In reviewing a trial judge's denial of a Miranda motion, we analyze police-obtained confessions using a "searching and critical" standard of review to ensure that constitutional rights have not been trampled upon. State v. Patton, 362 N.J. Super. 16, 43 (App. Div.) (citations and internal quotation marks omitted), certif. denied, 178 N.J. 35 (2003). Nevertheless, we will not engage in an independent assessment of the evidence as if we were the court of first instance, State v. Locurto, 157 N.J. 463, 471 (1999), nor will we make conclusions regarding witness credibility, State v. Barone, 147 N.J. 599, 615 (1997), but we instead defer to the trial judge's credibility findings. State v. Elders, 192 N.J. 224, 243-44 (2007); State v. Cerefice, 335 N.J. Super. 374, 383 (App. Div. 2000).

A suspect's confession during a custodial interrogation can only be obtained if that suspect was supplied with his or her Miranda rights. Miranda, supra, 384 U.S. at 461, 86 S. Ct. at 1620-21, 16 L. Ed. 2d at 716. Before considering the validity of a waiver of Miranda rights, it must be established that the police scrupulously honored the suspect's rights to remain silent. State v. Burno-Taylor, 400 N.J. Super. 581, 589 (App. Div. 2008). If the suspect's words or conduct, upon being advised of his or her rights, "could not reasonably be viewed as invoking the right to remain silent," this requirement is satisfied and the police may continue their questioning. Id. at 590 (citing State v. Bey, 112 N.J. 123, 136-38 (1988)).

A trial court will admit a confession into evidence only if the State has proven beyond a reasonable doubt, based on the totality of the circumstances, that the suspect's waiver of those rights was knowing, intelligent and voluntary. Patton, supra, 362 N.J. Super. at 42. The court must specifically consider the defendant's "characteristics . . . and the nature of the interrogation," and may include in its consideration the defendant's "age, education and intelligence, advice concerning constitutional rights, length of detention, whether . . . questioning was repeated and prolonged in nature, and whether physical punishment [or] mental exhaustion were involved." State v. Galloway, 133 N.J. 631, 654 (1993) (citing Schneckloth v. Bustamonte, 412 U.S. 218, 226, 93 S. Ct. 2041, 2047-48, 36 L. Ed. 2d 854, 862 (1973)).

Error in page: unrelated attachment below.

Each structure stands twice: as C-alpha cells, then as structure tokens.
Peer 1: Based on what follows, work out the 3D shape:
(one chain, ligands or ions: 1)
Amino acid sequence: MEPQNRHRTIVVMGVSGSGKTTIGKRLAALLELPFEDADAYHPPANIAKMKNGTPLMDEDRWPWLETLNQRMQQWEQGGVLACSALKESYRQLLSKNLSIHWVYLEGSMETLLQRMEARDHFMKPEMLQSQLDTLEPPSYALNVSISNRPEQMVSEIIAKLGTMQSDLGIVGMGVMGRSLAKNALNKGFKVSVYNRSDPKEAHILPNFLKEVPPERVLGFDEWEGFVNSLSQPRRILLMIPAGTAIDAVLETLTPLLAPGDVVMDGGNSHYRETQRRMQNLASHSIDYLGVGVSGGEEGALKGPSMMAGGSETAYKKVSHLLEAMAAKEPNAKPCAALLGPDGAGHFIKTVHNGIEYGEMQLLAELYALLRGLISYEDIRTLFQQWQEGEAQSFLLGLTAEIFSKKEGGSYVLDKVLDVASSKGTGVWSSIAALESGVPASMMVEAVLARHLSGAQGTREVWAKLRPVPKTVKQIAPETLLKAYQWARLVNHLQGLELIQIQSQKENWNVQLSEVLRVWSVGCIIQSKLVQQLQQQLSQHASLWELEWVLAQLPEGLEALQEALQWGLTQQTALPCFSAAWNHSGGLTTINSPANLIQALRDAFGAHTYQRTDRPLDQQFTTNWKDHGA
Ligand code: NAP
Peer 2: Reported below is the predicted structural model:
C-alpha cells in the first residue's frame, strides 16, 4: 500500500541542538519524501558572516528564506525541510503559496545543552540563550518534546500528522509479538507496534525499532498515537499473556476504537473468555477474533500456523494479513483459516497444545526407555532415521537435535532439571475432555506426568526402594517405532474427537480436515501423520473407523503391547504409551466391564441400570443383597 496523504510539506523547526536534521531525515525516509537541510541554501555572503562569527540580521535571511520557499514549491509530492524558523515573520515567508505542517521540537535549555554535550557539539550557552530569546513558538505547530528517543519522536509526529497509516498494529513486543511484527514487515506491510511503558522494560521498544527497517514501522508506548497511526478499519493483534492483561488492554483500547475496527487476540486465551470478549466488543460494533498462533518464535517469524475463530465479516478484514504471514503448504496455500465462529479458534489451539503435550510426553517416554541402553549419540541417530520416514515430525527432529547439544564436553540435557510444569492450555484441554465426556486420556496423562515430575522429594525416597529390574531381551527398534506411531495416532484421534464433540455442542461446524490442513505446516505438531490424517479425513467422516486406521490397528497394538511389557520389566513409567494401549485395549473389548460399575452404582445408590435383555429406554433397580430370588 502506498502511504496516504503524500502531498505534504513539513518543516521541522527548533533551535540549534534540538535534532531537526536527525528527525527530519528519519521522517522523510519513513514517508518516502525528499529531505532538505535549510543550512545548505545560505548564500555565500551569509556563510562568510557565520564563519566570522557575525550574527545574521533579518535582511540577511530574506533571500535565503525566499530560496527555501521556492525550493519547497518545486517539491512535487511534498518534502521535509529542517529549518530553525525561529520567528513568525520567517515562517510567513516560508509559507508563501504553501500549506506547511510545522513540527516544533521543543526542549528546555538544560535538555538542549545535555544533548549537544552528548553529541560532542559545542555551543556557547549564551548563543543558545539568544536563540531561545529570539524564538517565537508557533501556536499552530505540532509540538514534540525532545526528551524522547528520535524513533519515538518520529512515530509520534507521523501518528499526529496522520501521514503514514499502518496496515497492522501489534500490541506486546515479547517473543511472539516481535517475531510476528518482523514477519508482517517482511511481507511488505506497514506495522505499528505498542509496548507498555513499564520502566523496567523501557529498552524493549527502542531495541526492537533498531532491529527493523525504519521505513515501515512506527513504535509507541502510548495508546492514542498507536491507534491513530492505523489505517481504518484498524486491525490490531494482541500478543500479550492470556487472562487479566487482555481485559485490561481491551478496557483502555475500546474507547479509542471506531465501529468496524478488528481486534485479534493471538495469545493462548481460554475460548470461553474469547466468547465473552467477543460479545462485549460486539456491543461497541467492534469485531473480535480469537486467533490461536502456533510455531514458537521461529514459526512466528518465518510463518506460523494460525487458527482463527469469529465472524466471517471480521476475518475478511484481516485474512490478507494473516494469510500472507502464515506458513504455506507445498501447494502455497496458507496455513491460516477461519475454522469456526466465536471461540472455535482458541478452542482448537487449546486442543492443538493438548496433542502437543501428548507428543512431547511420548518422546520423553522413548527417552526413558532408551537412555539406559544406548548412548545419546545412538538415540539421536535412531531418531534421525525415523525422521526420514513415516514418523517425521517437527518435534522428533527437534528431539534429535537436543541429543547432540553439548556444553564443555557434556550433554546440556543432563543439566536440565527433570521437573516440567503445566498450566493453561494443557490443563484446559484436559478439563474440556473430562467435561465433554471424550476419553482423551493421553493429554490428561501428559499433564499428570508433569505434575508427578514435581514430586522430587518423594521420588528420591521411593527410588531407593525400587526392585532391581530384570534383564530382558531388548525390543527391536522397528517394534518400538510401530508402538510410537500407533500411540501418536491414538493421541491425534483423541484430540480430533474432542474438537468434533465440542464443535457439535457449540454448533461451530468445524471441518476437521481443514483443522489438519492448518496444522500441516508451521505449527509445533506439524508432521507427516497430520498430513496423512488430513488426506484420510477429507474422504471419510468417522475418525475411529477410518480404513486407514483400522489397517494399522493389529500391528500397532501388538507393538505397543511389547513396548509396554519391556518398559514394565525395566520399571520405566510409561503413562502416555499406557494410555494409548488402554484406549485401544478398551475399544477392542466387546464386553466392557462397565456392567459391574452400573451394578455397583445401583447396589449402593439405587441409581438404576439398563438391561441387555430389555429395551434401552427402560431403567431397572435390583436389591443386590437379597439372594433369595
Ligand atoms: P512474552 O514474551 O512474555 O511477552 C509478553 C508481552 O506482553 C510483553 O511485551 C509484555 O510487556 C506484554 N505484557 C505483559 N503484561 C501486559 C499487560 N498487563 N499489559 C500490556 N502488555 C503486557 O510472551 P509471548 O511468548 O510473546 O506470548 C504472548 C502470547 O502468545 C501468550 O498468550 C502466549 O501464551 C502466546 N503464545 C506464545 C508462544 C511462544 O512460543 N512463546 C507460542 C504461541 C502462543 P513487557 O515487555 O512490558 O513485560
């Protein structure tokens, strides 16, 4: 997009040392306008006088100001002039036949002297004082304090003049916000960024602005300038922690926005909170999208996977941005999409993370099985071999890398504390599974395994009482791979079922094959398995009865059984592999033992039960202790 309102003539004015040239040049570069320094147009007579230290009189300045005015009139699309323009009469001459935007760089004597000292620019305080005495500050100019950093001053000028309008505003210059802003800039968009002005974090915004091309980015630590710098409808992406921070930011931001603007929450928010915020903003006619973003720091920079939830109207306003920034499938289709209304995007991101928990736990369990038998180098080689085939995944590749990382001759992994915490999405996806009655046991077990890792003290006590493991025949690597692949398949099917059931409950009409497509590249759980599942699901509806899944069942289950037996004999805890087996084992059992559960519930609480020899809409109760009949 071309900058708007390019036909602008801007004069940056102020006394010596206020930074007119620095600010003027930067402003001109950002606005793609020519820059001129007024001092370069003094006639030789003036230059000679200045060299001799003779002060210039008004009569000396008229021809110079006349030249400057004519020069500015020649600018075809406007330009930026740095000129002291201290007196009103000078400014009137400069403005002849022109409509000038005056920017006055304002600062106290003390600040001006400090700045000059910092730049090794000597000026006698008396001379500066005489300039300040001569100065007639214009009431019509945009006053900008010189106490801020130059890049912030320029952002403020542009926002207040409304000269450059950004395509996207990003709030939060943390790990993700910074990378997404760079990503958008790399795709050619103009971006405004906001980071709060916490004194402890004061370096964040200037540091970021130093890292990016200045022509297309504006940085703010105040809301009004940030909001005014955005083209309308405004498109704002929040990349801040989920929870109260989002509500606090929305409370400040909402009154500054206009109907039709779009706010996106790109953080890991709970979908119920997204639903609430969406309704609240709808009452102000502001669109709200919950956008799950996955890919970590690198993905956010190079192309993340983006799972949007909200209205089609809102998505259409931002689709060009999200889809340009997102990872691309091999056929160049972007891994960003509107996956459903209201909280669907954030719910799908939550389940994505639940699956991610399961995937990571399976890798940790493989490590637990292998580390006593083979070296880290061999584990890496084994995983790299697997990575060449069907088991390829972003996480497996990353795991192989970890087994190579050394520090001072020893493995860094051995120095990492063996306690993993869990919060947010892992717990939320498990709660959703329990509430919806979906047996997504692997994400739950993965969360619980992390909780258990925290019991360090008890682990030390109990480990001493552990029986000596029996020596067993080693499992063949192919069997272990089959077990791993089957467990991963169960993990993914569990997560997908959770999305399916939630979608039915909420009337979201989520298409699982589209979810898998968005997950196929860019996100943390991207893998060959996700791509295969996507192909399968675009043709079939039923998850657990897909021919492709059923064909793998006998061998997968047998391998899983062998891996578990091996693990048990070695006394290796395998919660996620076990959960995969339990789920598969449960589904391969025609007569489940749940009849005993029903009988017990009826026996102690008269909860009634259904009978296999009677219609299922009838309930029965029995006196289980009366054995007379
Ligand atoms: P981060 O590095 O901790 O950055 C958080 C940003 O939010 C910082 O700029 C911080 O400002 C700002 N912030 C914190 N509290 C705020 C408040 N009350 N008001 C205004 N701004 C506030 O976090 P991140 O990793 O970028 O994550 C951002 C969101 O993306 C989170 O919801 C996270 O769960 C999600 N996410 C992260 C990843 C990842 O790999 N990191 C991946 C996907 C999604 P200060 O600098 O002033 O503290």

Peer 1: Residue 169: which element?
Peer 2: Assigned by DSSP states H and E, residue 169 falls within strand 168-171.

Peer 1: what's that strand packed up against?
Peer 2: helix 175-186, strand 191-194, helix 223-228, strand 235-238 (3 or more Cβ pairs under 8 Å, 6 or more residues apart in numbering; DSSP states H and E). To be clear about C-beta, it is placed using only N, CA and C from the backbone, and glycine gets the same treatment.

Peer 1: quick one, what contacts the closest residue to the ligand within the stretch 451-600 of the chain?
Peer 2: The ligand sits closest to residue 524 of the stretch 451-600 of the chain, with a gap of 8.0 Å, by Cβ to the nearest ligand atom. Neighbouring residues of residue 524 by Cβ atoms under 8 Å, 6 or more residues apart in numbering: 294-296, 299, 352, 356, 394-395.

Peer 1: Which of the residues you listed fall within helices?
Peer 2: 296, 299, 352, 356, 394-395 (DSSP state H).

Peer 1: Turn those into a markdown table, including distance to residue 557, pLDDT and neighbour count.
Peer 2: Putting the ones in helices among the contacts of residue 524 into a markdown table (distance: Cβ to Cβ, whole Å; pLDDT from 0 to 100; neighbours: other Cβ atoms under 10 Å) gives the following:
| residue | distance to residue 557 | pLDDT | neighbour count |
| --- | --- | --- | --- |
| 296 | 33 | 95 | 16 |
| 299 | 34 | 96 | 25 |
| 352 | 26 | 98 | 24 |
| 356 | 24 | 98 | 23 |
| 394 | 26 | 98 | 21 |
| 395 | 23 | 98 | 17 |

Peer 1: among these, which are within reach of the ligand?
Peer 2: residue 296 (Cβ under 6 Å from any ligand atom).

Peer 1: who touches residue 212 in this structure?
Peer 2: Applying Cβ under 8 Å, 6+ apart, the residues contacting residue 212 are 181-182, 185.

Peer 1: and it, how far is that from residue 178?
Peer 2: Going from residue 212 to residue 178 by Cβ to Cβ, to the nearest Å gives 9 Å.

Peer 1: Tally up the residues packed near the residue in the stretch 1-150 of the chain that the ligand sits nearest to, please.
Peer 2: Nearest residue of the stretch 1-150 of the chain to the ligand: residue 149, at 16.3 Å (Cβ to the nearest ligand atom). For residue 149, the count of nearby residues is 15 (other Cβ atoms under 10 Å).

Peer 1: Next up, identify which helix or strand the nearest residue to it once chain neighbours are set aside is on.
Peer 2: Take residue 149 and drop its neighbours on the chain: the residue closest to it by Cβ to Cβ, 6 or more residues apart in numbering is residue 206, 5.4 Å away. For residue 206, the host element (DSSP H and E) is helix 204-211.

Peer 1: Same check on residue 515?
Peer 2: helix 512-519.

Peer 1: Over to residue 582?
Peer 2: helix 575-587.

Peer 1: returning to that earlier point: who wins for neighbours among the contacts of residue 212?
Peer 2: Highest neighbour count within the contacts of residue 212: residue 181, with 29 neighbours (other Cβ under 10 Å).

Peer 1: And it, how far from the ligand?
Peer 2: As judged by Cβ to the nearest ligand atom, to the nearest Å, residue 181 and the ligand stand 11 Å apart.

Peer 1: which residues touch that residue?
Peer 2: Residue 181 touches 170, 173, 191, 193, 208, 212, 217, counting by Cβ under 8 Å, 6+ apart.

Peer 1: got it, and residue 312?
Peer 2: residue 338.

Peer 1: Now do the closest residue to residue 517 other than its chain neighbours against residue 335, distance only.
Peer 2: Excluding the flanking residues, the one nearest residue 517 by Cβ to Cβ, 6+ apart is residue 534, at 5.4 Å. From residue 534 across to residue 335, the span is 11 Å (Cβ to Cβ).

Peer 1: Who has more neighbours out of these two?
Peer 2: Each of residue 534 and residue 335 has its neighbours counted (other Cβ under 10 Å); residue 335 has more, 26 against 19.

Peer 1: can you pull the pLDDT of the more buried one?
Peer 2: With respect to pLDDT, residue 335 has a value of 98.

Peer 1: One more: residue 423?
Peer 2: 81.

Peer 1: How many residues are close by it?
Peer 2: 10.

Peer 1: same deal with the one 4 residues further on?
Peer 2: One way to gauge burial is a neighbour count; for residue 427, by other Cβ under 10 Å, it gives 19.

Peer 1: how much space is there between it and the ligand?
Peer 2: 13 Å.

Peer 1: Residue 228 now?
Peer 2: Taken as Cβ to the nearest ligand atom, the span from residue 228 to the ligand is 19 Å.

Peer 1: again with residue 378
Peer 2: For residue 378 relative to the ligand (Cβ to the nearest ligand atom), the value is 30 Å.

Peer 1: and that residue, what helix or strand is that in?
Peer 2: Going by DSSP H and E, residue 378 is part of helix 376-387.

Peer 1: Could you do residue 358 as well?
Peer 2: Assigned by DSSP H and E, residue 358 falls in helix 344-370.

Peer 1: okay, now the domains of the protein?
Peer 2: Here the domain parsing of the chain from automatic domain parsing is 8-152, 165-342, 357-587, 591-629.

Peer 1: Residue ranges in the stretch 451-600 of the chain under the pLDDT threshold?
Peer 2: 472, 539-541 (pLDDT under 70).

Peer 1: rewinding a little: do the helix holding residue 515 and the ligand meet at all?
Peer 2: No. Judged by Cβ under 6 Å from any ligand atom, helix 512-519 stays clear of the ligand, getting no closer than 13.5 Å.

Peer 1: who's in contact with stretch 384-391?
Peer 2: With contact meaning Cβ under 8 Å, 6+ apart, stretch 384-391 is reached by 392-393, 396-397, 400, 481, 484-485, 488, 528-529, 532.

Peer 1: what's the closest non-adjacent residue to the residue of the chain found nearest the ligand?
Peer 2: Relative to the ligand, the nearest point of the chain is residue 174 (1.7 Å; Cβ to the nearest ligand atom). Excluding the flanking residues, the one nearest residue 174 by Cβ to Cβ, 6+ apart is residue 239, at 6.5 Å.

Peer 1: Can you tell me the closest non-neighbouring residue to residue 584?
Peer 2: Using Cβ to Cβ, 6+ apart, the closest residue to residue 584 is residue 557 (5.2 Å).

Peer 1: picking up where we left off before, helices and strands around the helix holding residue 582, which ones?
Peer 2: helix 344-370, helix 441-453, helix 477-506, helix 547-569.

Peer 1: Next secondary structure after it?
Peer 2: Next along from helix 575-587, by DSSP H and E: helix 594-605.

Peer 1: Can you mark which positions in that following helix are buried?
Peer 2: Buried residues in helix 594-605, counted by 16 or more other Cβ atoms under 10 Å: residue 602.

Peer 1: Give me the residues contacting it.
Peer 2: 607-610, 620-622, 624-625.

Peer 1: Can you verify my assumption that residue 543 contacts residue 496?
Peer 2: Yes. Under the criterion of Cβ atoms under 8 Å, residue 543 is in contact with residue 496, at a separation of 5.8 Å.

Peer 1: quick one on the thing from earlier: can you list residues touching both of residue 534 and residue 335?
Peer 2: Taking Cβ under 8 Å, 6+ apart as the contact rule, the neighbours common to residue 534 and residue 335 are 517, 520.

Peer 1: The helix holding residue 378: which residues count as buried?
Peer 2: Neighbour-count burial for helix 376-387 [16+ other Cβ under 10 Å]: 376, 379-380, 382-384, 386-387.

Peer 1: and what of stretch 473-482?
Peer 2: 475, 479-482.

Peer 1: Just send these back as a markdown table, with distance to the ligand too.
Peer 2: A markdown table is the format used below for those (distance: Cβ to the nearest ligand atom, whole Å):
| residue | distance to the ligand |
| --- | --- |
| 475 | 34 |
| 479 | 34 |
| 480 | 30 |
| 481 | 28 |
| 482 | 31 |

Courts analyze whether police conduct coerced a confession by first determining whether the conduct violated the suspect's due process rights. See State v. Smith, 32 N.J. 501, 544 (1960), cert. denied, 364 U.S. 936, 81 S. Ct. 383, 5 L. Ed. 2d 367 (1961). New Jersey thus places a "mandatory burden on all courts to test the admissibility of confessions not only by the ordinary rules of evidence but by the deeper constitutional requirement of fundamental fairness." State v. Driver, 38 N.J. 255, 282 (1962) (citing Smith, supra, 32 N.J. at 544).

A suspect's confession is not considered voluntary if it is the product of psychological or physical coercion. Galloway, supra, 133 N.J. at 654. Unlike cases of physical coercion, however, the use of psychological techniques is not in and of itself coercive; rather, courts must analyze whether the confession was the result of the defendant's change of mind and not a broken will. Id. at 654-55. A confession is voluntary if it is "'the product of an essentially free and unconstrained choice'" where the defendant's will has not been "'overborne and his capacity for self-determination [has not been] critically impaired.'" State v. P.Z., 152 N.J. 86, 113 (1997) (quoting Schneckloth, supra, 412 U.S. at 225-26, 93 S. Ct. at 2047, 36 L. Ed. 2d at 862). Cases which hold that a defendant's will has been overborne typically require the defendant to demonstrate a showing of "very substantial psychological pressure." Galloway, supra, 133 N.J. at 656.